The aim of World Immunization Week is to promote one of the world’s most powerful tools for health – the use of vaccines to protect, or ‘immunize’, people of all ages against disease.
Immunization prevents between 2 and 3 million deaths every year. Without vaccines, global eradication of smallpox and the elimination of polio and measles from large parts of the world would have been impossible. New, improved vaccines are now available to protect not just children, but also adolescents and adults. Yet 1 in 5 children (22.6 million), and many adults, are missing out every year.
The theme for this year’s World Immunisation Week is “Closing the Gap” – a direct appeal to the global health community to focus on vaccinating the most marginalised children and completing this unfinished agenda in child health. The poorest, most vulnerable children who need immunisation the most continue to be the least likely to get it. Vaccines are often expensive for the world’s poorest countries, such as those to which Inter Care sends medical aid. Supply shortages and a lack of trained health workers also mean that vaccines are frequently not available where they are needed most.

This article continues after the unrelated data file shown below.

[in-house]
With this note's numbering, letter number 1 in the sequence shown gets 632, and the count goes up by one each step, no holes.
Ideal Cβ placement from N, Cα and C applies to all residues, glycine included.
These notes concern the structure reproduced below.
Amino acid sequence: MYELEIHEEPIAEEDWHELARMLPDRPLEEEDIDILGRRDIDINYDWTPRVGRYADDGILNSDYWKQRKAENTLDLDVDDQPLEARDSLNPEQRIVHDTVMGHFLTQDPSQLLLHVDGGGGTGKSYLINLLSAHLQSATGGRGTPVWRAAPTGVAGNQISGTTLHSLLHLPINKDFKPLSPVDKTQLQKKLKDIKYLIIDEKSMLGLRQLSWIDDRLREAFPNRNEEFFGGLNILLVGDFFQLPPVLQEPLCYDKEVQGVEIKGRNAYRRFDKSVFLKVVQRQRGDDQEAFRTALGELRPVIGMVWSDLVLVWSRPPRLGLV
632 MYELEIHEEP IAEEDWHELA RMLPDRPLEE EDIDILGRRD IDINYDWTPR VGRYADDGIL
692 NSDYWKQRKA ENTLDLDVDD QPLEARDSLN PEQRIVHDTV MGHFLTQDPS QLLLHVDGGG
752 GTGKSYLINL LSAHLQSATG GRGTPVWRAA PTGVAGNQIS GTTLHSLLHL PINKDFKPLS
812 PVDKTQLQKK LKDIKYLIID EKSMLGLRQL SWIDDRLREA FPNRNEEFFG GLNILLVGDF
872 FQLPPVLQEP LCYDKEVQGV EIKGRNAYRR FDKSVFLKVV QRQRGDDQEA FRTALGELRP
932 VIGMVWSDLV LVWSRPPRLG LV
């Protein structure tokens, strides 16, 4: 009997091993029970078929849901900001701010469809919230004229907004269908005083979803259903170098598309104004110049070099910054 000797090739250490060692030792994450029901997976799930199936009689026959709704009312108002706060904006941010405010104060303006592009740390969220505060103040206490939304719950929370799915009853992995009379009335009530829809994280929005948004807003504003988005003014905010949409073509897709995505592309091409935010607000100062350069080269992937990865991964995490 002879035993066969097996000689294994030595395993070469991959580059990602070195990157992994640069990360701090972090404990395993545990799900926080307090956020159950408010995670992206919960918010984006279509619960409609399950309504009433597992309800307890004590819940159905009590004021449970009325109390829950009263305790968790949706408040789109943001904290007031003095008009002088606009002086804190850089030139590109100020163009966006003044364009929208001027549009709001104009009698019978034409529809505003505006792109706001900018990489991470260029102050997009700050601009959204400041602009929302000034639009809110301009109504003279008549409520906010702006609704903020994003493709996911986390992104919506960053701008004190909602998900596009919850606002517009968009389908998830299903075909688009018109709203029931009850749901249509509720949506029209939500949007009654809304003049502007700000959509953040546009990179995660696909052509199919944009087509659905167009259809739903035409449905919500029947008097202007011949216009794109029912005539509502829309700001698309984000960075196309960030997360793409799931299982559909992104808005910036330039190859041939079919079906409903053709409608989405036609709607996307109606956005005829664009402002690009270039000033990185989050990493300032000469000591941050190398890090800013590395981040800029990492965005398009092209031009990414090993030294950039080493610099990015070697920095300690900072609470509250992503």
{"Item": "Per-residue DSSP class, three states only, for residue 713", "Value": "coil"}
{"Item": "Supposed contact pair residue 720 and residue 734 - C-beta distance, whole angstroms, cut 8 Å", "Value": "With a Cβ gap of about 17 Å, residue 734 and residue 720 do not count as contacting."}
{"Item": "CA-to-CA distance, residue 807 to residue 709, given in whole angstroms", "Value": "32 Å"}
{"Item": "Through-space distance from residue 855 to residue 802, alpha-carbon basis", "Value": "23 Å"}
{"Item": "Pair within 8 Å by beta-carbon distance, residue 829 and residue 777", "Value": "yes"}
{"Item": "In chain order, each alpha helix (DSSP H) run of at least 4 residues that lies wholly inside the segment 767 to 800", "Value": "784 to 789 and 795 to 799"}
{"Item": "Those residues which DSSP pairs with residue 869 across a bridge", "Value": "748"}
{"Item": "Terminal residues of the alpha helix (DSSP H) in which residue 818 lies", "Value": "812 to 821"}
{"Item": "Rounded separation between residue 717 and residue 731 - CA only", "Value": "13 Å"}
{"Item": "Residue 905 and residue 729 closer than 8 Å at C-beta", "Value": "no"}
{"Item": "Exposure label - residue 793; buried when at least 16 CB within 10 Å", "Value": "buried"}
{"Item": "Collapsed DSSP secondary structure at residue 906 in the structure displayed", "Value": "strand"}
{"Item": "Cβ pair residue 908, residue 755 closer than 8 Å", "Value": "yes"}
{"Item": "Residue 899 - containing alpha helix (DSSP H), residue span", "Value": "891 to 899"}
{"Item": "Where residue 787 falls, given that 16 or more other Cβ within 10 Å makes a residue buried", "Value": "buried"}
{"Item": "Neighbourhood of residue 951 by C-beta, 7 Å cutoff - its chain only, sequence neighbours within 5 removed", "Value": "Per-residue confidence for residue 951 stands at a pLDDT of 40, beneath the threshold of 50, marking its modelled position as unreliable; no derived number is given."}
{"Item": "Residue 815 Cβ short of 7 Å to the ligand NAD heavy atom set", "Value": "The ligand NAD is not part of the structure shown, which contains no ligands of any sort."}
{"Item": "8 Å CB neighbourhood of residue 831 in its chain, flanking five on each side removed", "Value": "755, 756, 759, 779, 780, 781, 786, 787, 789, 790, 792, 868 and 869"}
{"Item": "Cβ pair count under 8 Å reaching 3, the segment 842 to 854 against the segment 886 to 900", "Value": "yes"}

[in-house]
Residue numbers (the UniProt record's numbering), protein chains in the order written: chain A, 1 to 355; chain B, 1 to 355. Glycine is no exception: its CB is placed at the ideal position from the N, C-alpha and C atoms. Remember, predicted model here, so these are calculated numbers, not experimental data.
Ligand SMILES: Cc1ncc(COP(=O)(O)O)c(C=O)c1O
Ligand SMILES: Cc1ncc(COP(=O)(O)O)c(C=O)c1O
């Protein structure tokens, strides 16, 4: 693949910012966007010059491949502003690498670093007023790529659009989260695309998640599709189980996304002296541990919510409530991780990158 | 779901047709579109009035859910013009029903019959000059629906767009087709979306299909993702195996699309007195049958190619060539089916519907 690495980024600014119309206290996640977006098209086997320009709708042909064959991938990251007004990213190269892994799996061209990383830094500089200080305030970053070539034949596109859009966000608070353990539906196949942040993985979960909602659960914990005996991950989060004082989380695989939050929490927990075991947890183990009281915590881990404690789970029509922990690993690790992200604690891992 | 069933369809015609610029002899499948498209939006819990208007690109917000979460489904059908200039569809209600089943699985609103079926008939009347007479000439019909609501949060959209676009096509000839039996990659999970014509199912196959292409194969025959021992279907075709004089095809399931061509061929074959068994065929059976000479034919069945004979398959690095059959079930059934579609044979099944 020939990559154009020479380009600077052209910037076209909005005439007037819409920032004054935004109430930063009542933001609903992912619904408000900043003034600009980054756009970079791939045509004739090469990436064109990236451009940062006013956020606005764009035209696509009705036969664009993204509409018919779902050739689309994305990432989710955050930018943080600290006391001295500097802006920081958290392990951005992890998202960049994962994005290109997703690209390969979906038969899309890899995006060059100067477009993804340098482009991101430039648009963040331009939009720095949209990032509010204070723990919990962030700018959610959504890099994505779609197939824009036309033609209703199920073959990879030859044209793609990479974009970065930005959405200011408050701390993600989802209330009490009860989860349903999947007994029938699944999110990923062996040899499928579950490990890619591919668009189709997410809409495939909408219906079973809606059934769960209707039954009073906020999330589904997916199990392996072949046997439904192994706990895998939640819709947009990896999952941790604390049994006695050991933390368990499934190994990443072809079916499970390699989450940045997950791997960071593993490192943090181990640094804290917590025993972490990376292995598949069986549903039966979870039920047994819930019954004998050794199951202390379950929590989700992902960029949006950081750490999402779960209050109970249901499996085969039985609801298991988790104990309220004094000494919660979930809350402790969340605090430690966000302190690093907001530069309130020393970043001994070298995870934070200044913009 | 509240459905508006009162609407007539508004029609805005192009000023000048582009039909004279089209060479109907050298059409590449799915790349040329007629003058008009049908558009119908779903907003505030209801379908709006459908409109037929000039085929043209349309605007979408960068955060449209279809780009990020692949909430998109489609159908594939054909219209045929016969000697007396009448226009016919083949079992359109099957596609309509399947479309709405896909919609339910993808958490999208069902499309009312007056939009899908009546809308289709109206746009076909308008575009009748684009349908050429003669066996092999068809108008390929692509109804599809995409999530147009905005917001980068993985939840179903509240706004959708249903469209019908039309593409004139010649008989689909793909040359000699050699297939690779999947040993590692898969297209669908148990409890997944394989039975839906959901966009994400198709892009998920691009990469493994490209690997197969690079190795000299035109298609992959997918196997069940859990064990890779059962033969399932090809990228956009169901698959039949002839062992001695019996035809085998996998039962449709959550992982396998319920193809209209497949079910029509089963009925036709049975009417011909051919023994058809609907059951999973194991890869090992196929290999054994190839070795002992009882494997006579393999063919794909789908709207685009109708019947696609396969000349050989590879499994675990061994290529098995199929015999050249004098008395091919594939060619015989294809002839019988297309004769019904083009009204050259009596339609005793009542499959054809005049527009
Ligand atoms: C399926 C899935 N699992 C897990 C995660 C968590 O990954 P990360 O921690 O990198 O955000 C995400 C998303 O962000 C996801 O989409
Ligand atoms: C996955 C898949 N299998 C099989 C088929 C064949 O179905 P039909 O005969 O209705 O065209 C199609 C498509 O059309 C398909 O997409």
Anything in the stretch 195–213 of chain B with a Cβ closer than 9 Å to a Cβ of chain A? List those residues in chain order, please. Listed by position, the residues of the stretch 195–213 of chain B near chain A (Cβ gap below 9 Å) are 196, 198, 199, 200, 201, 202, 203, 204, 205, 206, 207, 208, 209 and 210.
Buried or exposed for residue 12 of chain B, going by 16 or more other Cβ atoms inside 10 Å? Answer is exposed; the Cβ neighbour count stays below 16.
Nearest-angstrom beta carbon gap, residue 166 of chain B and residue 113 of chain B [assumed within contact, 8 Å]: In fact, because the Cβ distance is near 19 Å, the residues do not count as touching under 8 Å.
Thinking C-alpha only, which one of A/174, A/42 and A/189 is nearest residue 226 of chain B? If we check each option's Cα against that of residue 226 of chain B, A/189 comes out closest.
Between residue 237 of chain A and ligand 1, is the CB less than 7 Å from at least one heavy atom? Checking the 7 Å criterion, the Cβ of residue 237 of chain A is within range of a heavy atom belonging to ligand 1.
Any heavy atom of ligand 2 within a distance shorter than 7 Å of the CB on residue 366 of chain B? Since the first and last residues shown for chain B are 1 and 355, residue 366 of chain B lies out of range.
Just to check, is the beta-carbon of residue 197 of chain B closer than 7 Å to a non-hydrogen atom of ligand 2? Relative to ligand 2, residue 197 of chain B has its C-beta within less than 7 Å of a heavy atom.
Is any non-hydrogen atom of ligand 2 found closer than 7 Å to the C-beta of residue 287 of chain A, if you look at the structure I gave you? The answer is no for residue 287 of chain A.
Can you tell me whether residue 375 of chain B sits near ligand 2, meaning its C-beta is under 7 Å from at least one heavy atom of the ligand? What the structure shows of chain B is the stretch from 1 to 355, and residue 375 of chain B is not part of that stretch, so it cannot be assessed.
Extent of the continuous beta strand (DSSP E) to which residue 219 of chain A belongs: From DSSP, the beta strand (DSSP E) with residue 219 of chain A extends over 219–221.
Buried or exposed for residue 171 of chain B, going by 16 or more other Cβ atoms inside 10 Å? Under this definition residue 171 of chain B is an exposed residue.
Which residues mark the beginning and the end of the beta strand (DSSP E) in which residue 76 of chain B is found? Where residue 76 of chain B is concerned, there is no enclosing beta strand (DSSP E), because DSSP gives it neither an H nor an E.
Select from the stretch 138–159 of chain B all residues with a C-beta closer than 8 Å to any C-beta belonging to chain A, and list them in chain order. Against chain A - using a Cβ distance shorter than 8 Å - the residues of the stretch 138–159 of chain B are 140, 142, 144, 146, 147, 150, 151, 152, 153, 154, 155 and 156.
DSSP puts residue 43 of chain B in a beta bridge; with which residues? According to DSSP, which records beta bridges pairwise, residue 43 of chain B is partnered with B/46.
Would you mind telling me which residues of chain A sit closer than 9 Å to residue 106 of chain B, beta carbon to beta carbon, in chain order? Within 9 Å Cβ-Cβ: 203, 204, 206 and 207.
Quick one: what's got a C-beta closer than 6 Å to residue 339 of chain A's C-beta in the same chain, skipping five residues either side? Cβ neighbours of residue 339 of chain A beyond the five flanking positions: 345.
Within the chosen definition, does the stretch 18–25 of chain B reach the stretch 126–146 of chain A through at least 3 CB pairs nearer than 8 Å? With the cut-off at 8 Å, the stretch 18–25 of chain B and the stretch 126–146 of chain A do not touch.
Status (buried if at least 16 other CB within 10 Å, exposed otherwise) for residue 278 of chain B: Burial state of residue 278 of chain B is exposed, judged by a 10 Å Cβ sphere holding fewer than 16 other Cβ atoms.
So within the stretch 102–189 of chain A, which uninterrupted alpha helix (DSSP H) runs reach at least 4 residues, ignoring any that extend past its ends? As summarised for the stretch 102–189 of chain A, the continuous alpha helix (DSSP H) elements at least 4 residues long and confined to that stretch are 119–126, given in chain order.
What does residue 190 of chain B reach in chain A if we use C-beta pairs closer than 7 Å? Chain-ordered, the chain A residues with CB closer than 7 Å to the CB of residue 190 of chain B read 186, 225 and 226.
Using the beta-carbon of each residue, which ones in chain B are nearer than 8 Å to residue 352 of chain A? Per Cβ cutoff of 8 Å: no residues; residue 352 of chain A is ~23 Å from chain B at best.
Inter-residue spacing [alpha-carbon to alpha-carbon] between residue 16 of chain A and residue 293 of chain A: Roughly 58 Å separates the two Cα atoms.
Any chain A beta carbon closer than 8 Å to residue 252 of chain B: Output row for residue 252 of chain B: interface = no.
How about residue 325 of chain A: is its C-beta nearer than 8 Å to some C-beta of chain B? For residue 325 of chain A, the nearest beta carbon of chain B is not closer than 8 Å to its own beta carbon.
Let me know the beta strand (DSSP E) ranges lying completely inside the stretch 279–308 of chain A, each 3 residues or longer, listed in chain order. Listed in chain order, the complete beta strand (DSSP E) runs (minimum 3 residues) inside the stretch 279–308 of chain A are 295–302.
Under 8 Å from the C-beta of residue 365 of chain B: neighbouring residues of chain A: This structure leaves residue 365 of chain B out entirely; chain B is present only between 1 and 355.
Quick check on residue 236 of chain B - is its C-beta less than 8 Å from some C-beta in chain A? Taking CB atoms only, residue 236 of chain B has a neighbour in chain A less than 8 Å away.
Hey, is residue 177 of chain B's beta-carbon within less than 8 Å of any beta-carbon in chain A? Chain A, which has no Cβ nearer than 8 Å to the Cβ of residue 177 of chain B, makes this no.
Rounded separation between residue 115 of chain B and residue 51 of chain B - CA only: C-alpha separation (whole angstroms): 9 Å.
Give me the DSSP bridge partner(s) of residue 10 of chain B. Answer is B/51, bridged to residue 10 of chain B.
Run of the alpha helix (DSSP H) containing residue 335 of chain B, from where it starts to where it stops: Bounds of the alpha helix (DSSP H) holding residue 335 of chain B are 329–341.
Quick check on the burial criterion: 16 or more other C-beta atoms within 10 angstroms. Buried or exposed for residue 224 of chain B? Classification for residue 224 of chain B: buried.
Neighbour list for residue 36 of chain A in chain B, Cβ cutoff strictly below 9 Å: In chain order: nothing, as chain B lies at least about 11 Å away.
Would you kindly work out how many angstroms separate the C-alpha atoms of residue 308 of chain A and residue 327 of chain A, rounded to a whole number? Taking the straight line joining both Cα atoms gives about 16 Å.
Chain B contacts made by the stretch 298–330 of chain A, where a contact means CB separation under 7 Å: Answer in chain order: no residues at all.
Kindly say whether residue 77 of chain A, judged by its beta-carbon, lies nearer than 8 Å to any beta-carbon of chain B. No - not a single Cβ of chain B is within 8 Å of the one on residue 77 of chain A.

Immunization is especially important for the hardest to reach families as it can also be a bridge to other life-saving care for mothers and children in isolated communities – such as child nutritional screening, anti-malarial mosquito nets, vitamin A supplements and de-worming tablets.